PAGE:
You may have heard the term ethical investing, but what exactly does it mean? The answer is found in the standards and practices of individuals who use their ethical and moral compass when purchasing securities. This does depend on the view of the investor, their belief system, and what they consider to be ethical practices when making decisions about which securities to acquire.

Sustainable Investing has not come about because Greenpeace or other organizations are demanding greater action for the greater good. It's actually about greater greed, which gives us an opportunity for investors to think about where a company's greater greed intersects with the greater good.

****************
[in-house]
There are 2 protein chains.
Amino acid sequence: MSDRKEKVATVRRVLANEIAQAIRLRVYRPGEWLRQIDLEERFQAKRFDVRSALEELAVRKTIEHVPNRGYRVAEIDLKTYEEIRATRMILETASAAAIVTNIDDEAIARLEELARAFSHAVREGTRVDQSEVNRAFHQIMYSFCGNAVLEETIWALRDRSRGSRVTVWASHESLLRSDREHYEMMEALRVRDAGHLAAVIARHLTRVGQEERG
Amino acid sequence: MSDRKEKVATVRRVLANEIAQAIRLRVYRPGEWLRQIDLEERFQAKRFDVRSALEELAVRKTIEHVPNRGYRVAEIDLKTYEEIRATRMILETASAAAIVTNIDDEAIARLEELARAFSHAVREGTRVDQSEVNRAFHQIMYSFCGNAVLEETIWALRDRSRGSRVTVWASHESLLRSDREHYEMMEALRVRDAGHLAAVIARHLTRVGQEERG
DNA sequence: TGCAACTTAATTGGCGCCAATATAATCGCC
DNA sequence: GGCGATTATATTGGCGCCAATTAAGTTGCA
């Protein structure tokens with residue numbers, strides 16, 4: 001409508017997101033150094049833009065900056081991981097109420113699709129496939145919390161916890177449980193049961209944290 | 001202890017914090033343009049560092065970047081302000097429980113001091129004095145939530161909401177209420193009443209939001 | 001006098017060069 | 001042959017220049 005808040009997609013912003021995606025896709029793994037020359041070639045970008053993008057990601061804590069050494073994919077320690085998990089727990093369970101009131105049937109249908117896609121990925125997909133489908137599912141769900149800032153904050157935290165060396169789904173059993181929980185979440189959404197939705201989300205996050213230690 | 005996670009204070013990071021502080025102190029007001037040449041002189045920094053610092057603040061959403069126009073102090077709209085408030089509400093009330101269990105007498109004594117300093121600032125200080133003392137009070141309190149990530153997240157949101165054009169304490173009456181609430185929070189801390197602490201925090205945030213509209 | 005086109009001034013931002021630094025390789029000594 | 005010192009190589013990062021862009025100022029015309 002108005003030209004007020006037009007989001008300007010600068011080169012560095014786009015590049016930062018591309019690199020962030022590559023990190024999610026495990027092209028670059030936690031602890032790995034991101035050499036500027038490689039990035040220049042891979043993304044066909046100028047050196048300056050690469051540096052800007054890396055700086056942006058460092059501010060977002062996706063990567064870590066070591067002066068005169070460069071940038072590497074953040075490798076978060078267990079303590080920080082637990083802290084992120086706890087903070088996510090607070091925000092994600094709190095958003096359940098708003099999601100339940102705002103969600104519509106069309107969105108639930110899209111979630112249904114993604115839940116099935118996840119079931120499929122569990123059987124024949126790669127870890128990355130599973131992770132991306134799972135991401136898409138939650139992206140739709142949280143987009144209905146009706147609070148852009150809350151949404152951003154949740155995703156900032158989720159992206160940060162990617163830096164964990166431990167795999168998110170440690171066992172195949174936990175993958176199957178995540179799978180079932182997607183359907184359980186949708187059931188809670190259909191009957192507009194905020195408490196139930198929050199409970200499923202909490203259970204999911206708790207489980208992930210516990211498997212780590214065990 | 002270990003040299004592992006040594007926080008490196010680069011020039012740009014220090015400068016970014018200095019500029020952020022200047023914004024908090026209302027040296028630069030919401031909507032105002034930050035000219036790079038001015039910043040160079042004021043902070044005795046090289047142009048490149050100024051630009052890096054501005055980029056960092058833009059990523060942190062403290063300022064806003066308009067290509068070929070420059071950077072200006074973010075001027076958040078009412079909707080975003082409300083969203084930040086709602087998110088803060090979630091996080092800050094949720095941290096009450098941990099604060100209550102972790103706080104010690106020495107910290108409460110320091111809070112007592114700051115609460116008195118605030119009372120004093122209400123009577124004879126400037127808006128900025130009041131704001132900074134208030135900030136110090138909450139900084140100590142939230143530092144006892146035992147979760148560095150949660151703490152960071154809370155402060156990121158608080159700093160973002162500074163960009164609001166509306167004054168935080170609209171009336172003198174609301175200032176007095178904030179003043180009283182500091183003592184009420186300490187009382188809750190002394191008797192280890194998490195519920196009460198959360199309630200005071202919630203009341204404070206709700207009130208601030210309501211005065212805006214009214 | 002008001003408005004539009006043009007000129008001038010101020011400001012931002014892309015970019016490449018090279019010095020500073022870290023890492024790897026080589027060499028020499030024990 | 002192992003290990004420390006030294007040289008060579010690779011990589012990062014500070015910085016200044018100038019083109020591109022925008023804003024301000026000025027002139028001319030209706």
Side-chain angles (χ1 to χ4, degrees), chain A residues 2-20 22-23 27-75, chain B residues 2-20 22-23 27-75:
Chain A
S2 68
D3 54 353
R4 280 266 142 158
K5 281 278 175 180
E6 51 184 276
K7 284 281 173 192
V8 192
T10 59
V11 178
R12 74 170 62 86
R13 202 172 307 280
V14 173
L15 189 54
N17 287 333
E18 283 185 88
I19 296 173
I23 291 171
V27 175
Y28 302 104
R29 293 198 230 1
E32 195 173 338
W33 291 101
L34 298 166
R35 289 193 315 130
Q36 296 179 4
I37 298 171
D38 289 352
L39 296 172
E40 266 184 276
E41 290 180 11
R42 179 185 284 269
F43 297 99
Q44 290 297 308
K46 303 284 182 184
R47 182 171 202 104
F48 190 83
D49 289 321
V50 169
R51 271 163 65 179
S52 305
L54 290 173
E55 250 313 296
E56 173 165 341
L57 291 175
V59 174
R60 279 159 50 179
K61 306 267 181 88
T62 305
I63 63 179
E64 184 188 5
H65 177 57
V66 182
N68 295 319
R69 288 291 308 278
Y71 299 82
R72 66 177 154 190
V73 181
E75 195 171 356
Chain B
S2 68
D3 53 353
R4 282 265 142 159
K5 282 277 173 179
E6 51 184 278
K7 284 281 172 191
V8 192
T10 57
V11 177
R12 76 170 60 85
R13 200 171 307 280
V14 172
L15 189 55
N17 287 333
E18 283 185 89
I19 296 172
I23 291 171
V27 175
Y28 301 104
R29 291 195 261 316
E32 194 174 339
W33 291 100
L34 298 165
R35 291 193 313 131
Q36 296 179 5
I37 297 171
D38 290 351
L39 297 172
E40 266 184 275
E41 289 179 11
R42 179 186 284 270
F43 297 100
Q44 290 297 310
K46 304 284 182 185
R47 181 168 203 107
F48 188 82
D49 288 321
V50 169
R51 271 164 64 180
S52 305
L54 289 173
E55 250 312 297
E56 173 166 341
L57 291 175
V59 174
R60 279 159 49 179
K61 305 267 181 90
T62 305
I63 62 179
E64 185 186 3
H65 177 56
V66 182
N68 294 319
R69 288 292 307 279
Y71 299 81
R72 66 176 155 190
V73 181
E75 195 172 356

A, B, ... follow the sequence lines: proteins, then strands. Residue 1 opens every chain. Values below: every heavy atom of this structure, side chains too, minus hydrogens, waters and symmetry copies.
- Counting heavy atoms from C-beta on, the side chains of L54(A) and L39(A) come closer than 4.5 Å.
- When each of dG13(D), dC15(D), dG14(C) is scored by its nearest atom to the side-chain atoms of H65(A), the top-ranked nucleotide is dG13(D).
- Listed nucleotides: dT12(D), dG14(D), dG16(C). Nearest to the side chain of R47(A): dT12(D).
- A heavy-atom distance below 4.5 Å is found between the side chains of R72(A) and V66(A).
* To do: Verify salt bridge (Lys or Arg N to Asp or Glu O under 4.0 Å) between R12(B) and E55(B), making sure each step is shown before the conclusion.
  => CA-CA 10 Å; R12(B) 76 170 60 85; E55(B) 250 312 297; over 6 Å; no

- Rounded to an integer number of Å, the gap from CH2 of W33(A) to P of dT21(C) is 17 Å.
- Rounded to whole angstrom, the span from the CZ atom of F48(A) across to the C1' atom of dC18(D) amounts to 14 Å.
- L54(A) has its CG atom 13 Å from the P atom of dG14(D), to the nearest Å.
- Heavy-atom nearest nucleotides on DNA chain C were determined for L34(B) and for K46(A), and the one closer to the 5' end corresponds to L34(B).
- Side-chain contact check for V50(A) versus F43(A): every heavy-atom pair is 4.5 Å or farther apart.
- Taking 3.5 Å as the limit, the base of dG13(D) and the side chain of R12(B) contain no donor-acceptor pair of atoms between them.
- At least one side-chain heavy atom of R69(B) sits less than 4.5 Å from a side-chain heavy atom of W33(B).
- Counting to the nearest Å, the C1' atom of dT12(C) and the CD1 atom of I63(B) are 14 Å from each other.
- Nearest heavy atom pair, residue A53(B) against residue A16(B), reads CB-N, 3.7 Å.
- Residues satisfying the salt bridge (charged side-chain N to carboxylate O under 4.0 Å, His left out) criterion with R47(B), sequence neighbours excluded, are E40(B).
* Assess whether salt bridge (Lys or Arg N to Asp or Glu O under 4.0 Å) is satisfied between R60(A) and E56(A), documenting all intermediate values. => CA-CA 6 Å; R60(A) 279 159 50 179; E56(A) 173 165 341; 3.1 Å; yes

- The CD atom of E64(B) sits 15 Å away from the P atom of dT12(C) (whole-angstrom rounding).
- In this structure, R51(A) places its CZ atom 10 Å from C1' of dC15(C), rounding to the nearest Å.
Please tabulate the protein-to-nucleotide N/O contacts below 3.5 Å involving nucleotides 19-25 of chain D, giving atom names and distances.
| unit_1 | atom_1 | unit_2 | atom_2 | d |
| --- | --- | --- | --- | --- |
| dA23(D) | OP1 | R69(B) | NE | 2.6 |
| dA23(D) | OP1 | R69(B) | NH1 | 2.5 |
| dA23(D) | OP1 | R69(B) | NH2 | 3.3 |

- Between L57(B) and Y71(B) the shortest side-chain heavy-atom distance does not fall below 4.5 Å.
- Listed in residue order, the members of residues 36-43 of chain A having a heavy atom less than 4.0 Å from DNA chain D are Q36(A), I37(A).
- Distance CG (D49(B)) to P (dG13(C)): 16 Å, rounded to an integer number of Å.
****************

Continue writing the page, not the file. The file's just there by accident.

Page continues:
A Quant fund is a hedge fund that uses statistical techniques, mathematical modeling, and automated algorithms, rather than fundamental analysis and human judgment, to make investment decisions and execute trades. Much has been written about Quant funds over the past few years and far from being complex the methodology behind a Quant fund is relatively straightforward.

Hedge funds are investment firms that use complex strategies and other forms of hedge fund management to generate returns for their investors. They are different from traditional investment funds that invest in stocks and bonds, and they are less regulated and much more opaque. This opaqueness is by design because many Hedge Funds are based offshore for tax and secrecy purposes.